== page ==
Donald J. Seibel -- Chief Financial Officer and Treasurer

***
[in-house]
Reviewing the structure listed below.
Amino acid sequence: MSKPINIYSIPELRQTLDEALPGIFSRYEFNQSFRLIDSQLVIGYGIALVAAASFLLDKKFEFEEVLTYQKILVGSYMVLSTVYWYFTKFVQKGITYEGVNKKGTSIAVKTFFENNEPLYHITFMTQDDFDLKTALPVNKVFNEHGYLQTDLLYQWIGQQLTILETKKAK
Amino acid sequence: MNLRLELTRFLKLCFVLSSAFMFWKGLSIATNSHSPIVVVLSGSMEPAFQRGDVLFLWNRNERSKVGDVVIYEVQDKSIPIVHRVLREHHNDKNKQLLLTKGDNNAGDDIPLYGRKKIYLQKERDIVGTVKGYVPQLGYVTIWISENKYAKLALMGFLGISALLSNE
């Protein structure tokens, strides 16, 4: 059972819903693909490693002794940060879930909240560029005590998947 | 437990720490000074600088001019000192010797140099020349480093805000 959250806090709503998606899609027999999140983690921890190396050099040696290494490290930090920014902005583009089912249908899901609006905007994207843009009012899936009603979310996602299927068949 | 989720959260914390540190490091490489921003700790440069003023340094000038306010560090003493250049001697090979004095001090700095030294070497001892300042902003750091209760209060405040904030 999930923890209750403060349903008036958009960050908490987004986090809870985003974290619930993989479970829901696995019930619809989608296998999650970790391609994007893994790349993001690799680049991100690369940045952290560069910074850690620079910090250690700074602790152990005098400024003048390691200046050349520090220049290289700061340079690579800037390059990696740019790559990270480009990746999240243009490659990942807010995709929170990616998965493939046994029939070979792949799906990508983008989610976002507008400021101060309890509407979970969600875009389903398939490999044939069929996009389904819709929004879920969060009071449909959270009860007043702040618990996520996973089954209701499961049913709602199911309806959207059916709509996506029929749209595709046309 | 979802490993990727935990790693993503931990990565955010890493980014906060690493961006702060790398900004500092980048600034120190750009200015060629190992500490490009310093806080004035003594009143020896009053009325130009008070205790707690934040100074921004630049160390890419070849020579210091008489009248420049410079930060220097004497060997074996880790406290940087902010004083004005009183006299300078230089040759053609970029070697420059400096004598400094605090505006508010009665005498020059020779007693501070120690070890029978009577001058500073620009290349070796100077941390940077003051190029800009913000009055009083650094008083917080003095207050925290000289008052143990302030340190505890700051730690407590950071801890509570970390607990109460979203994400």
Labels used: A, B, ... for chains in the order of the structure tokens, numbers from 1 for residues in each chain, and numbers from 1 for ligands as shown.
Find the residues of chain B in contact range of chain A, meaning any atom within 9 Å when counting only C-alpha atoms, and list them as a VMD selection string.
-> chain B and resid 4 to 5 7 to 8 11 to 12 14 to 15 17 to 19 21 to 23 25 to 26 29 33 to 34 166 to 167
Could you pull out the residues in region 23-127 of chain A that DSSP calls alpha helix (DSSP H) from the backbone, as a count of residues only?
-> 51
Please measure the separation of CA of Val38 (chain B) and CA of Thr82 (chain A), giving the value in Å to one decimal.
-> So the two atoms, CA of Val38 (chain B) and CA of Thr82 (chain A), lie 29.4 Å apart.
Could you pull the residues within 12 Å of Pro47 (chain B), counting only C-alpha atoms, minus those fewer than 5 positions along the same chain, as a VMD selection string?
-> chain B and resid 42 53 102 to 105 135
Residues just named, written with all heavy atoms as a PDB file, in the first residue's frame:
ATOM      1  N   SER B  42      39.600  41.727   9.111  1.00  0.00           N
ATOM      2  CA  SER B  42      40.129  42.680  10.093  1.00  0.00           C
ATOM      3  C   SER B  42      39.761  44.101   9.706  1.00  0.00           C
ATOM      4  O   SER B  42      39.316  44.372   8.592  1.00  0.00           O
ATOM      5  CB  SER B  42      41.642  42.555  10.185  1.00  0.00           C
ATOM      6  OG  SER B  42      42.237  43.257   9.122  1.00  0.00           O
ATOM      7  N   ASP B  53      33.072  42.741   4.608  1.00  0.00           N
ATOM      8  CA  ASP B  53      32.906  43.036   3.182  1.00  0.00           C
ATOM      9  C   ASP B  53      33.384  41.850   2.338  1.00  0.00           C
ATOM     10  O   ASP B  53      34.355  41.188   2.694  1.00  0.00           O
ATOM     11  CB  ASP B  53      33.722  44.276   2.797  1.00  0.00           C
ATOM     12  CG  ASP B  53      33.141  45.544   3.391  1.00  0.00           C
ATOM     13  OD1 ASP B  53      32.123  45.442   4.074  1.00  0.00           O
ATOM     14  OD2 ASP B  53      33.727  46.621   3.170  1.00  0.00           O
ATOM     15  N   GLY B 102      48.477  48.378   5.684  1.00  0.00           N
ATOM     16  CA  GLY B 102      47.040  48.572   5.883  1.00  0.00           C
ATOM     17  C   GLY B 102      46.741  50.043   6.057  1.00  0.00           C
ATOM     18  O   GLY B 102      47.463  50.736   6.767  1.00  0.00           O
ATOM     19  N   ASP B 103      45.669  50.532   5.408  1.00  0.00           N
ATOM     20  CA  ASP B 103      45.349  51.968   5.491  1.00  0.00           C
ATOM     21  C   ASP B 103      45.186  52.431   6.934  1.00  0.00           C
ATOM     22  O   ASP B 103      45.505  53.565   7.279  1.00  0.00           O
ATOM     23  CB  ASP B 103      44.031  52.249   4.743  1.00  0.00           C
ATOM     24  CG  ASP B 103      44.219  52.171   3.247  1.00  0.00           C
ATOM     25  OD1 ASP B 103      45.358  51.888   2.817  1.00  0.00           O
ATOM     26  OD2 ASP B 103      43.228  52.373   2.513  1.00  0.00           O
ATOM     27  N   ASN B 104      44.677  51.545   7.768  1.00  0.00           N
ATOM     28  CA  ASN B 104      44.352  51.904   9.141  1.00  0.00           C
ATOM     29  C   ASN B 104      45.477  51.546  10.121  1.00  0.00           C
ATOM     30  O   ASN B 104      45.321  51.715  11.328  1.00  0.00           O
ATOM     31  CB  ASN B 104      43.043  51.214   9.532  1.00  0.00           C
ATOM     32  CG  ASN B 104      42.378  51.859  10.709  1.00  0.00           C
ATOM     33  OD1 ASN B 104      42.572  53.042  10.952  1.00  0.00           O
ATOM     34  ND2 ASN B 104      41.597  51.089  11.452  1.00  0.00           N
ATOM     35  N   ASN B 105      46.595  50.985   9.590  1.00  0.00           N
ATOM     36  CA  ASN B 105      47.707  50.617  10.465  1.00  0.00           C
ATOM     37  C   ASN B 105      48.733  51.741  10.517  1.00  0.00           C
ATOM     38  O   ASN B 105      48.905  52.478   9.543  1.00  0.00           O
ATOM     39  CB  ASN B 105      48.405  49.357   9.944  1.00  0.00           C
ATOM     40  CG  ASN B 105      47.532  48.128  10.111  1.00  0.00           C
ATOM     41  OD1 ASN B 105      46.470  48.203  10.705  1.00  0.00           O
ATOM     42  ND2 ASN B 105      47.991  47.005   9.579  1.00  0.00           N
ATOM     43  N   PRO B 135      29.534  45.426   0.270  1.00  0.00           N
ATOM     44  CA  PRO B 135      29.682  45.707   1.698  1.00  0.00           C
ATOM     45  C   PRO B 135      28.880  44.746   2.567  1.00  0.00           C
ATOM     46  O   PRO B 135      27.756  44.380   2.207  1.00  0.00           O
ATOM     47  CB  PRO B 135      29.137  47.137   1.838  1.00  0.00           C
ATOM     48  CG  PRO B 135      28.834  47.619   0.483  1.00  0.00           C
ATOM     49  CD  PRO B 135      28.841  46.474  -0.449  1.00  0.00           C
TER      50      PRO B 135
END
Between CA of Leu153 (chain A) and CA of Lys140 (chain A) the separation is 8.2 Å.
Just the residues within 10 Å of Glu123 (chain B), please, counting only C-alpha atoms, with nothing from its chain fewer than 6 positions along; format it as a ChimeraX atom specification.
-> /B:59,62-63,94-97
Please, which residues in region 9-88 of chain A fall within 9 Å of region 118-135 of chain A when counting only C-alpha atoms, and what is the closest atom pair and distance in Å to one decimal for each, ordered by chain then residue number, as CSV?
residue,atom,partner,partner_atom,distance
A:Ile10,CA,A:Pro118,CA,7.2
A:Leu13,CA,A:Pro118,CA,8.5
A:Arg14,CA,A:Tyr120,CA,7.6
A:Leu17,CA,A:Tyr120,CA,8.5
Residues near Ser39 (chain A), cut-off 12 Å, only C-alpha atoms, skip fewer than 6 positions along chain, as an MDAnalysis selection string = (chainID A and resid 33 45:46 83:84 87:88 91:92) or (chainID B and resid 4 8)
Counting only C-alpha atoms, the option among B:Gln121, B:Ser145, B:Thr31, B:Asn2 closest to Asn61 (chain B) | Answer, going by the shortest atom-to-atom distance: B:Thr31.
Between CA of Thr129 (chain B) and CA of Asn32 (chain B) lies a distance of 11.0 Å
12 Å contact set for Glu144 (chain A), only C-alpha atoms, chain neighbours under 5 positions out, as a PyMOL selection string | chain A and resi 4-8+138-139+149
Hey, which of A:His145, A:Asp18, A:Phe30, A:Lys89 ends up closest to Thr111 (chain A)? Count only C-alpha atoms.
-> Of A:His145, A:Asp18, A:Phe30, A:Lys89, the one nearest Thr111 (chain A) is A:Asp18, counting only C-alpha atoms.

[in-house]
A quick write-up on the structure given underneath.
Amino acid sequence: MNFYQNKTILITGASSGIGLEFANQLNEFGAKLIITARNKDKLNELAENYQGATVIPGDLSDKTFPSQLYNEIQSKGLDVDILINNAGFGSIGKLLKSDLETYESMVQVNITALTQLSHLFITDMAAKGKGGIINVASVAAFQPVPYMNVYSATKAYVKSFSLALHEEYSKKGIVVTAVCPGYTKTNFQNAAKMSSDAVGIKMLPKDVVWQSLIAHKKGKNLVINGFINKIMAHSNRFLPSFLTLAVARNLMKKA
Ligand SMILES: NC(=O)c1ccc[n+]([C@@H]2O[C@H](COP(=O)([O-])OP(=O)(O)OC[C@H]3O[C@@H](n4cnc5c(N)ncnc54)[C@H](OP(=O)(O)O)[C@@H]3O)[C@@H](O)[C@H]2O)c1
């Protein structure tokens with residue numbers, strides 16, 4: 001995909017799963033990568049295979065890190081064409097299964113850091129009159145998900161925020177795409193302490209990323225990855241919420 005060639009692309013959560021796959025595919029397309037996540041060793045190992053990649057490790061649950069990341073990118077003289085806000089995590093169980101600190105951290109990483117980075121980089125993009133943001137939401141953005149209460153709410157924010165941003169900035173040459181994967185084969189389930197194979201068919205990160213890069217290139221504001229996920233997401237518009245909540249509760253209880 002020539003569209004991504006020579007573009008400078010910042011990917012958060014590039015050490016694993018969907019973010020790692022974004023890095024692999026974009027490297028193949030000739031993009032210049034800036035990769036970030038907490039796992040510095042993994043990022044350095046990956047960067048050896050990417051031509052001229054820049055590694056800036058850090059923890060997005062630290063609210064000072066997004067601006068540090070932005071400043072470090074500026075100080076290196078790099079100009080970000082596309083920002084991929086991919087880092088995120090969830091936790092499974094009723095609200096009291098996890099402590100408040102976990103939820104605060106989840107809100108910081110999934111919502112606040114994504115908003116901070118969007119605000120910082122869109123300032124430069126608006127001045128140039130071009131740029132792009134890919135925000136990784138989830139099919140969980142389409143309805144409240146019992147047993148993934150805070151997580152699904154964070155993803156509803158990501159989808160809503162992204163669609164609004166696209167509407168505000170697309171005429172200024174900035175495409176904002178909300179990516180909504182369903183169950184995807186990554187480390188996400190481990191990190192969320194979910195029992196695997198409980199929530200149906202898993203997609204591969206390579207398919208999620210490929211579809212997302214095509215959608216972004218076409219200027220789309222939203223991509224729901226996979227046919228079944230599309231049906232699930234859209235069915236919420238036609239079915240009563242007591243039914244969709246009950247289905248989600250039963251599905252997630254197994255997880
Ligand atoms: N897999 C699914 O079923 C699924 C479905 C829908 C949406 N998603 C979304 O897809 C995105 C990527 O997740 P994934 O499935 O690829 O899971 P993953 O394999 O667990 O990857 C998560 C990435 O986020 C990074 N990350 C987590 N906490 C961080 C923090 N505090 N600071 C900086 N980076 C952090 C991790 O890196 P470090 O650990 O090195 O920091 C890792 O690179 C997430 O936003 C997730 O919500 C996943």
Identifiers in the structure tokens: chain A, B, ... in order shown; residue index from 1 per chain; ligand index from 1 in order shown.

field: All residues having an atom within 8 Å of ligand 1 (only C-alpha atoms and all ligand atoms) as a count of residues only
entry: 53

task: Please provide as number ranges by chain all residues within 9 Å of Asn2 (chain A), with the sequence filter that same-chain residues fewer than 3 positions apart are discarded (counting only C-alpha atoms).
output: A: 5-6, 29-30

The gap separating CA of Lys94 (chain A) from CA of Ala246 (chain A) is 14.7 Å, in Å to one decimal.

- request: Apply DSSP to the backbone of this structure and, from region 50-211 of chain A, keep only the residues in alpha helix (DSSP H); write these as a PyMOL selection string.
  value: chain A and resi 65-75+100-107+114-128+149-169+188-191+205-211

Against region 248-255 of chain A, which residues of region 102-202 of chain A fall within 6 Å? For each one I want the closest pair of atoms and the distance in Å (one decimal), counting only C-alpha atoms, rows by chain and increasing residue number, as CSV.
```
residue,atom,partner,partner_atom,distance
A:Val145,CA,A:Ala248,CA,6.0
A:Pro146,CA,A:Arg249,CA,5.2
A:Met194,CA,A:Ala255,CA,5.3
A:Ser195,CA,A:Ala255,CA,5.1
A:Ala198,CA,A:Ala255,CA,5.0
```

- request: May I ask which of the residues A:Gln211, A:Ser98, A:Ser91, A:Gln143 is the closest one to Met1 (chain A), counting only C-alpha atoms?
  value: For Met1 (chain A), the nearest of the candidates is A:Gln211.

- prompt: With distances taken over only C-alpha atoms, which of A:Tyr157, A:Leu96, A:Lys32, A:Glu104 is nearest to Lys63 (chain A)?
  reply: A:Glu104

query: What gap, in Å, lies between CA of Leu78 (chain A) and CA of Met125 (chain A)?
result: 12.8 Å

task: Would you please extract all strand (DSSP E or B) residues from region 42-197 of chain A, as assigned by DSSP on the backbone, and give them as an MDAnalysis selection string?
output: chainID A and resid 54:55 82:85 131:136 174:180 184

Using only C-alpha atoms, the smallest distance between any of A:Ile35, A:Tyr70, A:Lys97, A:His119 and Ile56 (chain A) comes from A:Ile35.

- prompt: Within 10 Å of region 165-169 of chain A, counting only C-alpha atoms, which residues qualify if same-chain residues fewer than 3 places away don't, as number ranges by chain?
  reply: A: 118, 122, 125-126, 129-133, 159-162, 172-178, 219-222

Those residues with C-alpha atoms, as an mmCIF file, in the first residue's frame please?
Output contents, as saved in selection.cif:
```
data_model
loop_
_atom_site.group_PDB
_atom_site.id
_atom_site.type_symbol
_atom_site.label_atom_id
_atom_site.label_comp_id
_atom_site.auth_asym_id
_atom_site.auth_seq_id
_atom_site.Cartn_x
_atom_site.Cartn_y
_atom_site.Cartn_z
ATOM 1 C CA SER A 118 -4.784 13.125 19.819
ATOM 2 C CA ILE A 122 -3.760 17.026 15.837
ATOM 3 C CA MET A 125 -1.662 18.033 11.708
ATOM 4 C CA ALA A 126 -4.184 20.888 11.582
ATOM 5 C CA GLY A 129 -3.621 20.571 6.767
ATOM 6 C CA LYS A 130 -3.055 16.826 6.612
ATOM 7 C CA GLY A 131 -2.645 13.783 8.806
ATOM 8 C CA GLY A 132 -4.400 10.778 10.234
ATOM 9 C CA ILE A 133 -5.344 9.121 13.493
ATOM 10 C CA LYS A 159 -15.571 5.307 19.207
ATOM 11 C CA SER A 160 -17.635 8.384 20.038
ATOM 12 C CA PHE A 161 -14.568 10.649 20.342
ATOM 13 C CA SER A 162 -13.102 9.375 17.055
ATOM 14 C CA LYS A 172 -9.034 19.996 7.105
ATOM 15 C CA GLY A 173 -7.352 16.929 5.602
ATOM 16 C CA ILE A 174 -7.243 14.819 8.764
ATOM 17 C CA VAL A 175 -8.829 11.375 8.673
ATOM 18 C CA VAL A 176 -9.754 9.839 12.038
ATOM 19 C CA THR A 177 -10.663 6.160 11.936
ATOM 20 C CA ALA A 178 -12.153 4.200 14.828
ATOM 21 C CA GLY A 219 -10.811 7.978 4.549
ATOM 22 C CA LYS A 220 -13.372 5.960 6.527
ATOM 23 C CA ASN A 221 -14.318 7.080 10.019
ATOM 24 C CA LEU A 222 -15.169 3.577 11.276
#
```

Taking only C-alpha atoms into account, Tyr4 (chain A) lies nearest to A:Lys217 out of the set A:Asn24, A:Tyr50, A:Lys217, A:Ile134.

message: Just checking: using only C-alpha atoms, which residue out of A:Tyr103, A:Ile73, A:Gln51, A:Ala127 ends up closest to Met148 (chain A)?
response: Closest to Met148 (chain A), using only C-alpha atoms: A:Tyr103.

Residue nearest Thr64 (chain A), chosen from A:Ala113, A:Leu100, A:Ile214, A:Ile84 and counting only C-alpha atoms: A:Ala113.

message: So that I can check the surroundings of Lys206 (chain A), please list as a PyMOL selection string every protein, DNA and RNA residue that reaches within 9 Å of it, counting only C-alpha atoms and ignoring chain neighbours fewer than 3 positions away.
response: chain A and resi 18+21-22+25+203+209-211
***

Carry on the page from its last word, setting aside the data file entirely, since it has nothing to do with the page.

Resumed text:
Thanks, Dan. I also want to welcome everyone on the call. I also hope you are well. I'll discuss our financial results for the second quarter and then comment on investments, capital and liquidity. As Dan mentioned, earnings results for the second quarter of 2020 were solid, reflecting an improvement in equity markets, product pricing actions and a focus on managing expenses. FBL reported net income of $1.06 per share and adjusted operating income of $1.02 per share. These results are especially notable given the challenging environment of a global pandemic, volatile markets and low market interest rates. I would characterize our results as in line with our expectations. I'll mention a few items which impacted results this quarter, both positively and negatively. Positively, we experienced lower DAC amortization on our variable business due to the favorable impact of equity markets on separate account performance. This favorable market performance also decreased reserves associated with guaranteed living withdrawal benefits on our index annuity products. In total, this positive market performance totaled $0.09 per share. Given the persistent challenge of the low interest rate environment and its impact on sales, we have focused on controlling expenses. Naturally, during this time, expenses that are travel-related have declined. But we are also challenging project costs and seeing a decline in personnel expense due to limiting new positions and not filling positions when individuals leave the company. On the negative side, we experienced an equity loss from alternative investments. These investments are generally reported a quarter in arrears, so they reflect the decline in markets during the first quarter of this year.